Your hunting dog’s diet is one of the most important components of its health and happiness. Just as a person can get sick from an improper diet, so can your hunting dog. Hunting dogs require special nutrition that is different from a normal family dog, and understanding these differences is important.
Hunting dog breeds require more calories because they are more active throughout the day. The typical hunting dog will often run and sprint for prolonged periods of time while on a hunt. Also, nutritional needs increase when the weather is extremely hot or cold as this type of weather is even more burdensome on a hunting dog’s body.
High Protein and High Fat are Crucial for a Gundog’s Diet
High protein and high fat are important for a hunting dog’s diet. With fat having twice as many calories as carbohydrates or protein per gram, it is a stable fuel that allows hunting dogs to work for longer periods of time with less fatigue. Protein is a good fuel because it breaks down slowly over time, and it is the most natural food source for a dog. It is recommended that a hunting dog’s diet is 30% protein and 20% fat for stable energy throughout the day. Scientific studies have proven that dogs fed a high protein high fat diet in a 30/20 mix of protein and fat greatly outlasted dogs that were fed a lower protein and fat diet in both energy and ability to work.
Also, one major concern with hunting dogs is the loss of weight. If hunting dogs are not fed the proper levels of protein and fat, it is very likely that they will lose weight. Experts recommend that hunting dogs should be fed at least twice per day. However if the dog is losing weight, it is recommended to feed it more often. Weight loss can cause potentially serious health problems, and it is advisable to check a hunting dog’s weight weekly.
Carbohydrates and Hunting Dog Diets
Unlike humans, dogs are better suited to have fat as a fuel source before lengthy physical activity. That doesn’t mean that carbohydrates do not have their place in a hunting dog’s diet. The remaining 50% of the dog’s diet are carbohydrates. Rice, corn, and milo are good sources of carbohydrates. Rice is an excellent food because it readily breaks down into glucose which fuels quick bursts of energy that are required while sprinting. Milo and corn have been shown to break down more slowly allowing a longer duration of energy availability for the dog.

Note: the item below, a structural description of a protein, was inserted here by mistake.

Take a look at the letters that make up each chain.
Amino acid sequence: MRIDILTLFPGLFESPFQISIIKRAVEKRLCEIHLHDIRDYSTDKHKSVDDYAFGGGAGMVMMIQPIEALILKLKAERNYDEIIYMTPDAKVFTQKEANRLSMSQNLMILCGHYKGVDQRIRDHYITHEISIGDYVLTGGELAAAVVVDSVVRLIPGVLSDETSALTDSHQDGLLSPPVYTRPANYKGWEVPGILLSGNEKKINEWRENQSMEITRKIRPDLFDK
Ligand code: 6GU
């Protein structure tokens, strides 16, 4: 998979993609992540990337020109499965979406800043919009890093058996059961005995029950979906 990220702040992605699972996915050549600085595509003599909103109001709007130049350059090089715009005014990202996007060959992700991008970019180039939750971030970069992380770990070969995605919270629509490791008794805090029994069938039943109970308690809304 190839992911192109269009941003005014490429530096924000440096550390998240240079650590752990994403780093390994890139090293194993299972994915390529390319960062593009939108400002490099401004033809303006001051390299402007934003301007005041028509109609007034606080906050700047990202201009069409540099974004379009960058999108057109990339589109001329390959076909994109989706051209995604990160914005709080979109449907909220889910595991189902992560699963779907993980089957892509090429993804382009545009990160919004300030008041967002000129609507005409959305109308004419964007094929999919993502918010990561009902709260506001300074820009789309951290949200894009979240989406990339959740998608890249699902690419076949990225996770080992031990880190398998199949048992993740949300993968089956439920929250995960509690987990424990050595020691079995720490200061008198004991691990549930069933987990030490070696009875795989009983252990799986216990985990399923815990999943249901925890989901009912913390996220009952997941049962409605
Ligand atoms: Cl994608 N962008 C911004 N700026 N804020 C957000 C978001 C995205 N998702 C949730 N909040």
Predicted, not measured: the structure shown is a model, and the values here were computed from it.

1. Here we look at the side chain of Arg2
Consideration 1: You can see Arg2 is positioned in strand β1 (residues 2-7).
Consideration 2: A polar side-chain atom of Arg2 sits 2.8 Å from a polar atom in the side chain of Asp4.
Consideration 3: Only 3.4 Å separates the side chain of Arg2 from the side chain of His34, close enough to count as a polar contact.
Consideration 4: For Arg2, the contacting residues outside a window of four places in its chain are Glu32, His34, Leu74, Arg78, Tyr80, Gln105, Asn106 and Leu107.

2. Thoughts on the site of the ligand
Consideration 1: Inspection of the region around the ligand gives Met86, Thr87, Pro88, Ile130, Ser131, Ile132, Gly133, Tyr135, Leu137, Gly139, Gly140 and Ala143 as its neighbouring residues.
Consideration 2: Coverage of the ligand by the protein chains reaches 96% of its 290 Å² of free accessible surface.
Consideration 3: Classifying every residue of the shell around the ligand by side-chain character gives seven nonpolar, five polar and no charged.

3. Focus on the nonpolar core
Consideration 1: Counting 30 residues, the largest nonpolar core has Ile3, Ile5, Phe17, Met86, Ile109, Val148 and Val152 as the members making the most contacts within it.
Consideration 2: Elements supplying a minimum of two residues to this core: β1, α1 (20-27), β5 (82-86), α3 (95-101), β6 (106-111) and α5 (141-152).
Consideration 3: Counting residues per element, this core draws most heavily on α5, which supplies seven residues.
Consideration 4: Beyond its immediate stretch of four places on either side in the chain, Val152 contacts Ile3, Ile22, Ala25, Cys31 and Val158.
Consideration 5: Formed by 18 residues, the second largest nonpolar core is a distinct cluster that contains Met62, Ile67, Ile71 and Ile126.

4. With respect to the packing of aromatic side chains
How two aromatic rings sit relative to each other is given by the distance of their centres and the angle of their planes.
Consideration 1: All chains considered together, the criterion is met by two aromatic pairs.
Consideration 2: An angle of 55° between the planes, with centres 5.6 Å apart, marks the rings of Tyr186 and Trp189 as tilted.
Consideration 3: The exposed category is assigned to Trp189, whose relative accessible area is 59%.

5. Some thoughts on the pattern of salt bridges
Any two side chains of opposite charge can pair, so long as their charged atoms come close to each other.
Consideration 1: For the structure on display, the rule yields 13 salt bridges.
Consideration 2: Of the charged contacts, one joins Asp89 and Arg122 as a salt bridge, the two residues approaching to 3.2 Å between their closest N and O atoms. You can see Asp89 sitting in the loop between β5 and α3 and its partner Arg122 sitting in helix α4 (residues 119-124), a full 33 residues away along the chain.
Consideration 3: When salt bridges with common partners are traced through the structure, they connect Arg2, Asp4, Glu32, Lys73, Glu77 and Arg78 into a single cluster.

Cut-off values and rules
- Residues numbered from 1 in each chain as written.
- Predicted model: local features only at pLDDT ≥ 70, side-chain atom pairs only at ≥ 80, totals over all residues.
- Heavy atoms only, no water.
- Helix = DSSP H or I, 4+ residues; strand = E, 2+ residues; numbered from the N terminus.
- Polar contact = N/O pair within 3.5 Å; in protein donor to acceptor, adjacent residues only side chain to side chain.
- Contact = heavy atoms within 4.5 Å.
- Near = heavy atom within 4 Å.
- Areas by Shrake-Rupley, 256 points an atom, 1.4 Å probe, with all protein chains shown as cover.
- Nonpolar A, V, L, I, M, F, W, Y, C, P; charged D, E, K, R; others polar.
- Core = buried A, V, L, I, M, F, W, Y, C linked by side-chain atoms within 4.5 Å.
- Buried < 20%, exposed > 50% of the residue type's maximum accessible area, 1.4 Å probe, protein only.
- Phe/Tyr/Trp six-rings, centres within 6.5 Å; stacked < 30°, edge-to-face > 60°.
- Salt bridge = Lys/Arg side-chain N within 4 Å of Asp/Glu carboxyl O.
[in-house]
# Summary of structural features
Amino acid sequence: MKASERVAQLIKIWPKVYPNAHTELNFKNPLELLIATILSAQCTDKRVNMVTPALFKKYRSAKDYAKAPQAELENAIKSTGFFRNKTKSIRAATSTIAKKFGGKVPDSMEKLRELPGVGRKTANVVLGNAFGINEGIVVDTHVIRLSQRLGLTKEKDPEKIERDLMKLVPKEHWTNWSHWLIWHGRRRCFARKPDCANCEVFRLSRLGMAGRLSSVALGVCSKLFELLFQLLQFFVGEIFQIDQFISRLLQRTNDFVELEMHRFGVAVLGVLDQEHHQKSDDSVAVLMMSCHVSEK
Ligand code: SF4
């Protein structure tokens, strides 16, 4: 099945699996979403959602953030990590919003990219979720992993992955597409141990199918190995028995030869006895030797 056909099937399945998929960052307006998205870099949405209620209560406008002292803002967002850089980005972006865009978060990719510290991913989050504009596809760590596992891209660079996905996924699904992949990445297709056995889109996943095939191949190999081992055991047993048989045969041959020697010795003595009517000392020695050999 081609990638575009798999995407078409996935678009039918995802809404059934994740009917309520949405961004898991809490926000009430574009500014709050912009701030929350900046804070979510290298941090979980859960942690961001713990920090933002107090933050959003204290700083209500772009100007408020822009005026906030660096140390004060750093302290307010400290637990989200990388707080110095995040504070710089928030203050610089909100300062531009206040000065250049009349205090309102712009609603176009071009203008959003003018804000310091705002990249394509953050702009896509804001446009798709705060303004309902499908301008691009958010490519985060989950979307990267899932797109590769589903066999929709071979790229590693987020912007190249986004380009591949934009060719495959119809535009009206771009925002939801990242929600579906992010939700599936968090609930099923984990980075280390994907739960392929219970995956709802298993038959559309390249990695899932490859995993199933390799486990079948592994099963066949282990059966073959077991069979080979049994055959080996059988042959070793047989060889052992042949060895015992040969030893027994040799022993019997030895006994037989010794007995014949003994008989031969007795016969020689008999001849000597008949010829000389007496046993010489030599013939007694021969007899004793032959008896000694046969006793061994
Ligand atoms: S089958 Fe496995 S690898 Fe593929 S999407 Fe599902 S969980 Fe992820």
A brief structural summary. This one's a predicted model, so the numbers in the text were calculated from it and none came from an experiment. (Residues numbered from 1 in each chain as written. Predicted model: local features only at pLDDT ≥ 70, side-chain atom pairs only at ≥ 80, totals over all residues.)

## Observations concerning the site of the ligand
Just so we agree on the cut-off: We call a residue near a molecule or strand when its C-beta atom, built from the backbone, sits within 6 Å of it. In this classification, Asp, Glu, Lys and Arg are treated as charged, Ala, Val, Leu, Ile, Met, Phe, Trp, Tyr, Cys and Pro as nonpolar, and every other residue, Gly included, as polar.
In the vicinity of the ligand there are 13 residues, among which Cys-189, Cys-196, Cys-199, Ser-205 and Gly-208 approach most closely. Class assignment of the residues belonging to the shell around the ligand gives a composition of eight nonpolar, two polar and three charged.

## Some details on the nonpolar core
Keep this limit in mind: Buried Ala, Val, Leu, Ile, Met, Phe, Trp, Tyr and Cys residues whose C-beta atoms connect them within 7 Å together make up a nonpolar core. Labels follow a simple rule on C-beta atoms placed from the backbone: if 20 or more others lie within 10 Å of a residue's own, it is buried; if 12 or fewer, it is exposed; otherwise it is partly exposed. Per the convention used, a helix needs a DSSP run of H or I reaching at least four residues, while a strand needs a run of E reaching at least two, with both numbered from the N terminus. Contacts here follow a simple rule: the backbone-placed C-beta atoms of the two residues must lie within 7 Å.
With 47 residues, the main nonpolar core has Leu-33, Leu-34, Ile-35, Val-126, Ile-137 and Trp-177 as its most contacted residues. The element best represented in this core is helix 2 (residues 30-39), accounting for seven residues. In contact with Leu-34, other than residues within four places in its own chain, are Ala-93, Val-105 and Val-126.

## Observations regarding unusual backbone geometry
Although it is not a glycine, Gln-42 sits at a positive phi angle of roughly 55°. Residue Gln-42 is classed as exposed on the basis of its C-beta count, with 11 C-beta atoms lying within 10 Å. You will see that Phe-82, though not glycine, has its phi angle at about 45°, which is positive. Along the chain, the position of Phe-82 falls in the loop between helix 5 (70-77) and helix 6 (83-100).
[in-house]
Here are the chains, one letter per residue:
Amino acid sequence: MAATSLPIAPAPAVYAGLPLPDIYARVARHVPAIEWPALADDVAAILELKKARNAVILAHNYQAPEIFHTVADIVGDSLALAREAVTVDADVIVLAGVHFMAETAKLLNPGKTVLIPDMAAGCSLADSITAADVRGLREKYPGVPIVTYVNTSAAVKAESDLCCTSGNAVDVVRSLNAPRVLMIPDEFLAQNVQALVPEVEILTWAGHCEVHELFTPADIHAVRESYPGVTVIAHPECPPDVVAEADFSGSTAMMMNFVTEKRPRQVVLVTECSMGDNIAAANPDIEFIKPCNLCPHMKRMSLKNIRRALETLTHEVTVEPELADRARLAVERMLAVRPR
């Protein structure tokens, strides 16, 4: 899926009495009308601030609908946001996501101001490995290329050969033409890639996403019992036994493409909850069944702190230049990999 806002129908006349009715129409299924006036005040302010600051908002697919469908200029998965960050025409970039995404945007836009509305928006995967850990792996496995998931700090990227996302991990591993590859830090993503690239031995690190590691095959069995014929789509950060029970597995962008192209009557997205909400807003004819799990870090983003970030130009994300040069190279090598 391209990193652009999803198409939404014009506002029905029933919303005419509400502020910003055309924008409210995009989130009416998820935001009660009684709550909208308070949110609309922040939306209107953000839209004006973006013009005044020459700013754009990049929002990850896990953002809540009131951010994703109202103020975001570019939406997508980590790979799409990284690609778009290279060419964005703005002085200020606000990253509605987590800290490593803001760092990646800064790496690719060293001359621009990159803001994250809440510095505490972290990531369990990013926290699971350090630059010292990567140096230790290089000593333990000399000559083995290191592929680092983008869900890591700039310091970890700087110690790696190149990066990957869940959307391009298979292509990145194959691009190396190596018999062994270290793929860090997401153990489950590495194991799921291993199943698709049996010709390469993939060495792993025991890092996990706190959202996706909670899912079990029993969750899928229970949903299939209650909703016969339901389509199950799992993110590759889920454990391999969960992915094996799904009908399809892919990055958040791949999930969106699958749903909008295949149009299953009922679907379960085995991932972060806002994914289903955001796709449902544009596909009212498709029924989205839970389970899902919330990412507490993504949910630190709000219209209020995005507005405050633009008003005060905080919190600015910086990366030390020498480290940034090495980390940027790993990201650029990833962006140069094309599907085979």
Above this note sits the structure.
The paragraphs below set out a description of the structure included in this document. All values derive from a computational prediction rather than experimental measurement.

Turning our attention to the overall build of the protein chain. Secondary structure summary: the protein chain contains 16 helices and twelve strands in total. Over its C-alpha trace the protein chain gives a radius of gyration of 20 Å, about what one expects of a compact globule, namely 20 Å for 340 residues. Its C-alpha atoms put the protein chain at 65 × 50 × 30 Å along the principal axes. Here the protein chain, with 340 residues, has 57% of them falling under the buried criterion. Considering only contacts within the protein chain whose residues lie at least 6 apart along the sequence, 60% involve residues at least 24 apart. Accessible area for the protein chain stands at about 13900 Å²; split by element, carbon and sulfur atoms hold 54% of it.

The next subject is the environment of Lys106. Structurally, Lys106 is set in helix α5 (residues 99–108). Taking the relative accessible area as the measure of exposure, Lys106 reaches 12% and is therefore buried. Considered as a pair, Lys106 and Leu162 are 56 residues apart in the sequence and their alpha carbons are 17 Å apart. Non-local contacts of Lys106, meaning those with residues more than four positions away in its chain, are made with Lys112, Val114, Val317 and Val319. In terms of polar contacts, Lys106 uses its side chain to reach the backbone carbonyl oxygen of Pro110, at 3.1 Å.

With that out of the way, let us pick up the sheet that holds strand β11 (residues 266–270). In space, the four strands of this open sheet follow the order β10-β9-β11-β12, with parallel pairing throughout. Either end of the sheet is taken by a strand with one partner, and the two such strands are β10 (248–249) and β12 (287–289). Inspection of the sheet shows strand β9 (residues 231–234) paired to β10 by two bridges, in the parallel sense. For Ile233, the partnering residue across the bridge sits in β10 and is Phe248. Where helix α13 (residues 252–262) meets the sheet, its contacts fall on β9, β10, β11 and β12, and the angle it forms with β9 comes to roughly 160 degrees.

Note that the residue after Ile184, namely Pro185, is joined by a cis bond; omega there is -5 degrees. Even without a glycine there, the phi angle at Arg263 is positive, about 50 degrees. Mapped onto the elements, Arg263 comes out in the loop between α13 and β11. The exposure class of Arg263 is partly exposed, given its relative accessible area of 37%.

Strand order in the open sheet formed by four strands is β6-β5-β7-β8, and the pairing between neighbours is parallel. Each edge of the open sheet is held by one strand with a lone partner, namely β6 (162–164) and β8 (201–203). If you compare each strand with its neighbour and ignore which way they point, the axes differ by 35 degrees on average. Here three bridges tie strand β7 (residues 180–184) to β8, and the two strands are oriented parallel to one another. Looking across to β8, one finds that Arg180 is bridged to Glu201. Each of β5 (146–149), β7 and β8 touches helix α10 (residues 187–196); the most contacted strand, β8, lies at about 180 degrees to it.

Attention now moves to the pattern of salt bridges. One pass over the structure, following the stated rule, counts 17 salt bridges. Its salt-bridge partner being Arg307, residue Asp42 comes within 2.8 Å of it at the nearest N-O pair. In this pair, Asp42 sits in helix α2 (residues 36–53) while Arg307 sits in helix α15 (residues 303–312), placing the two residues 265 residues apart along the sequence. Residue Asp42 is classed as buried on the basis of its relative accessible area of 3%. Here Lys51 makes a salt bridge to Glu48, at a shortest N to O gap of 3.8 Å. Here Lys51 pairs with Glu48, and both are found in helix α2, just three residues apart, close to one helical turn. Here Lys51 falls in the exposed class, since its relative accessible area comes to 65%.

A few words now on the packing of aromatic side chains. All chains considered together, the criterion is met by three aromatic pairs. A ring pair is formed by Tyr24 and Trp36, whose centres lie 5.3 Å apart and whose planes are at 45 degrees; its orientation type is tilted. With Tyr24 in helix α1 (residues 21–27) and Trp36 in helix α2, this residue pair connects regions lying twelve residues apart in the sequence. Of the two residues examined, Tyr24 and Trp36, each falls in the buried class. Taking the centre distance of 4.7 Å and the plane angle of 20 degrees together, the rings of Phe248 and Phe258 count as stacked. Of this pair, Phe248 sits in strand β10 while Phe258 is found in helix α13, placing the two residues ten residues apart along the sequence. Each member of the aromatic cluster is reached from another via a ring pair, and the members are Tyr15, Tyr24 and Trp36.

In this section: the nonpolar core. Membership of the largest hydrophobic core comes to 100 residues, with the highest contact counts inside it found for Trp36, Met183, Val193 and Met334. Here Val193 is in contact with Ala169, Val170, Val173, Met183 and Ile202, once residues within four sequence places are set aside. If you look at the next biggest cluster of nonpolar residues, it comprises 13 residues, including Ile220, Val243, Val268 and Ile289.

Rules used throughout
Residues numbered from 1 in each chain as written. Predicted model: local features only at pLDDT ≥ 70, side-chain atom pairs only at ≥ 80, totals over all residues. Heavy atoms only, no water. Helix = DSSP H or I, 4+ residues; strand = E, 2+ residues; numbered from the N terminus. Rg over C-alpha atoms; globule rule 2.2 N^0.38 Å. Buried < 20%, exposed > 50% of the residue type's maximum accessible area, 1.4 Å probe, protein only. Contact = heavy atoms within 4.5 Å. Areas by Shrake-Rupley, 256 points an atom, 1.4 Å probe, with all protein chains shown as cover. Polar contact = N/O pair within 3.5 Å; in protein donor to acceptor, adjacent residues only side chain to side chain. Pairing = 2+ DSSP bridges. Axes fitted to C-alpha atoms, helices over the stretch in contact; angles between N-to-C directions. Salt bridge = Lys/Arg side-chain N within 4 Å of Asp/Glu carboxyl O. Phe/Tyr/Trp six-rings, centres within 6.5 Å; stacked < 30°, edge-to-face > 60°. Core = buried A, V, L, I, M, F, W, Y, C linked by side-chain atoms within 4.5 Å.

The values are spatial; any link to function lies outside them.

What to Look For In Store Bought Food
Be sure to look at the ingredients of each type of dog food to see what types of carbohydrate, protein, and fat sources are being used. Typically store bought high performance dog foods have corn, milo, and rice among other carbohydrate sources. Protein sources derived from animals instead of vegetables are typically better for dog nutrition. There are a wide number of high performance dog foods on the market. To ensure that your dog is getting the proper levels of fundamental nutrition, check the labels for the percentages of protein and fat. If the product has a 30/20 mix as recommended by experts, or a percentage that is close to it such as 28/17 or 27/15 it will be a good choice for your hunting dog.
Don’t Overlook The Importance of Water
Some hunters become frustrated with their dogs having to go to the bathroom often while on hunts. So, they end up allowing their dogs to drink water only during and after their hunts. Do not do this! As a person would require steady amounts of water while exercising, so do dogs. Dogs can become ill if they are not properly hydrated while working. It is best to have consistent access to water for hunting dogs. No matter what, always have clean water readily available during periods of activity.
Avoid Health and Energy Problems by Following Dietary Recommendations
If these recommendations are followed for a hunting dog’s diet, there will be less of a concern for the overall health, energy, and weight stability of the dog. Although health and weight should always be monitored, serious potential problems can be avoided with the proper working dog diet recommendations are followed.